Did anyone else watch Homestar Runner as a kid?
While funny, Homestar Runner isn’t an accurate representation of email etiquette.
The emails we get as adults range from funny and informal to serious and professional, and can inspire a variety of mixed emotions depending on our situations.
No one likes getting those “Yeaaaah, if you could work on Saturday, that would be great” notes, even if they do help you remember your conditionals. An email from a friend, on the other hand, could spark warm, fuzzy feelings or excitement over future plans.
Today, we’re going to look at how to teach email etiquette and composition in English class, so your students learn how to write the best email for every occasion.
Go Digital with These 6 ESL Email Writing Lesson Plan Exercises
For most people, emails are a quintessential part of day-to-day communication—especially in the professional world. Because of this, you want your ESL students to know how to write professional and casual emails that accurately convey their feelings and intentions.
Email activities will help your students in their journey of communicating with native English speakers, regardless of the context.
Why Cover Emails in English Class?
Living in an age of smartphones, where we’re constantly connected by WhatsApp, Skype and other quick-to-use technologies, you may wonder why instructing about the art of emails should be a priority in your classroom.
But emails are the perfect place for creating rapport with a person, whether in a business or personal context.
A slower and longer form of communication than face-to-face conversations, emailing gives your students an opportunity to focus deeply on language and structure. This allows them a space to practice composing a natural-sounding English without feeling rushed or pressured.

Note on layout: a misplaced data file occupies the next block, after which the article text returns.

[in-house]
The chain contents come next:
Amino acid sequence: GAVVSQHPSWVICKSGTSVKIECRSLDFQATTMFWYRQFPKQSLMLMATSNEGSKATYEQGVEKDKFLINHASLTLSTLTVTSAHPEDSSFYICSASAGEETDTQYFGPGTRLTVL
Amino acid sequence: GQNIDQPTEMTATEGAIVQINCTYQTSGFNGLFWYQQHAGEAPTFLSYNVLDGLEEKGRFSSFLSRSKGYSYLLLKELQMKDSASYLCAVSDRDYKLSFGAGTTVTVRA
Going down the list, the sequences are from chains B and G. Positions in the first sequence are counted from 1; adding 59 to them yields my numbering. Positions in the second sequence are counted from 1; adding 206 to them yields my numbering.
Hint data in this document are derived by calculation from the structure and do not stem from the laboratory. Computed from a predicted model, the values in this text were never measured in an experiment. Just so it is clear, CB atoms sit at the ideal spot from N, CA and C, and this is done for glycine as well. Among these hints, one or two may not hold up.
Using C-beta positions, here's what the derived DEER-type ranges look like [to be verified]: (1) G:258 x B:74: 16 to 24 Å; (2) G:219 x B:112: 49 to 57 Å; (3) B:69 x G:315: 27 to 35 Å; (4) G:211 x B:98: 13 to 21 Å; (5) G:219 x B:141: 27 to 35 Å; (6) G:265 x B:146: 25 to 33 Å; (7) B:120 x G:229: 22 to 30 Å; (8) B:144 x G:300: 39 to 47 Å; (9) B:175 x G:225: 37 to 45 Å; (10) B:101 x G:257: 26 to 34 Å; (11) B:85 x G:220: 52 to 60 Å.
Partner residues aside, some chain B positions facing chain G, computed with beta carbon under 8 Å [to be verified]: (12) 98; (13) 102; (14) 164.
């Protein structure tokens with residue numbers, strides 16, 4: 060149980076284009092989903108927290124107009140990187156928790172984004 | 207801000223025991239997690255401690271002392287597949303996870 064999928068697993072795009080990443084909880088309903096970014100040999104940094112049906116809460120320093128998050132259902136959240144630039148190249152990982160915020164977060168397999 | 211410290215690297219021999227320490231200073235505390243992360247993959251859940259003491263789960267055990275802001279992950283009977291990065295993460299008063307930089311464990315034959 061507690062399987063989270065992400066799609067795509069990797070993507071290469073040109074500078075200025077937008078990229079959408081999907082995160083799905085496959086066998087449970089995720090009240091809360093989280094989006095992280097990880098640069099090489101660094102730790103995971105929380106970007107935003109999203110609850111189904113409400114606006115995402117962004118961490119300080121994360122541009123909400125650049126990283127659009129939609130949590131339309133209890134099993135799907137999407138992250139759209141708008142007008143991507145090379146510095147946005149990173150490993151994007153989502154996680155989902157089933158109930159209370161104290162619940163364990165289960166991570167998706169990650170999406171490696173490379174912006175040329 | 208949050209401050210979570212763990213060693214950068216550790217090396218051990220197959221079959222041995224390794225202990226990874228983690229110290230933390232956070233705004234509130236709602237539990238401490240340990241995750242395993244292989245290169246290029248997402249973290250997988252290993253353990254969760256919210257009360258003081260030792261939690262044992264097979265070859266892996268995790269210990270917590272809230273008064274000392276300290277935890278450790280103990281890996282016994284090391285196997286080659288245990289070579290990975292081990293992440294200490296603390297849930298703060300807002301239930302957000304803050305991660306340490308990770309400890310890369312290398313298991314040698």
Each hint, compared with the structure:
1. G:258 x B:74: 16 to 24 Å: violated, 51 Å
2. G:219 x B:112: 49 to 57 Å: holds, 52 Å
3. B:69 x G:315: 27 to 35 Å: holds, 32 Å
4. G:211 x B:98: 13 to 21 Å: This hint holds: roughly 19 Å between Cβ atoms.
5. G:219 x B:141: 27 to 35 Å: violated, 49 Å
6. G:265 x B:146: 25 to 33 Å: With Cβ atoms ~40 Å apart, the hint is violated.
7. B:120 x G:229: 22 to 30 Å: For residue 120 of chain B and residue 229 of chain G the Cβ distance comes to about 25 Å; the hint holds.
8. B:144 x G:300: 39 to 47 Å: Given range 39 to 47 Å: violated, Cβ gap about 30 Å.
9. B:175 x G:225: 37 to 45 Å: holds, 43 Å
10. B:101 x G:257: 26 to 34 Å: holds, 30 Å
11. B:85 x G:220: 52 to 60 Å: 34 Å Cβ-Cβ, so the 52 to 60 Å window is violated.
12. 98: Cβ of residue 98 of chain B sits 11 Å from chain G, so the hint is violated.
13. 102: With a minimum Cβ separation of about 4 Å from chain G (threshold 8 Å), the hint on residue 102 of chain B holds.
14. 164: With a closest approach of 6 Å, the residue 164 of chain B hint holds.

And while emails may be less prolific than they were in the ’90s and early 2000s thanks to popular messenger apps, they’re still everywhere in the business, job applications and the social world.
Luckily for you as an ESL teacher, emails can also help you cover a number of different teaching points with your students.
What can emails teach?
Well, let’s look…
- They emphasize differences in personal and professional language
- They reinforce the grammar of conditional vs. present simple
- They offer flexible context for multiple grammar points, such as forming questions, teaching perfect tenses and reviewing verb conjugation
Your imagination is the limit.
But before we jump into writing in-class messages, let’s look at the foundation for teaching a good email lesson.
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1. First, Introduce the Email Structure
The format of an email, whether casual or formal, will take on the same basic structure. Emphasize this format to your students to help ease them into writing.
First, have them take notes on the steps of composing an email. It will look like this:
- Greeting/How are you
- Paragraph 1: I’m writing because…
- Paragraph 2: Could you…?
- Paragraph 3: Thanks
- Paragraph 4: In closing
Next, you can give your ESL learners concrete examples of the email in a professional vs. personal context. Again, highlight the similarity in the structures, then prompt your students to tell you the similarities and differences they notice between the two emails.
Below are two written examples you can use.
Professional context email example:
Hi, Mr. Reed. How are you?
I hope all is well and that you had a pleasant weekend.
I’m writing because Sandra requested the budget numbers for fall quarter 2017.
Could you send them to me?
Hello. How are you?
I was wondering if after all these years you’d like to go over everything.
Can I tell you I’m sorry for everything that I’ve done?
When I call, you never seem to be home.
(Yeah, I just gave a shout out to my girl Adele because her heartfelt love ballad is just an email in disguise.)
After you’ve explained the basic outline and given examples, have students write a sample email as homework. They can start out with personal or professional, whichever best suits their needs.
2. Embed a Grammar Lesson on Conditionals
While the two emails above are starkly different in tone, their structure is basically the same.
So, what difference can you focus on teaching?
This is a good opportunity to talk about formal and informal language.
When using the conditional vs. present simple, the conditional is usually employed when addressing a more formal audience. As seen in the email above: “Could you send them to me?” when referring to the budget.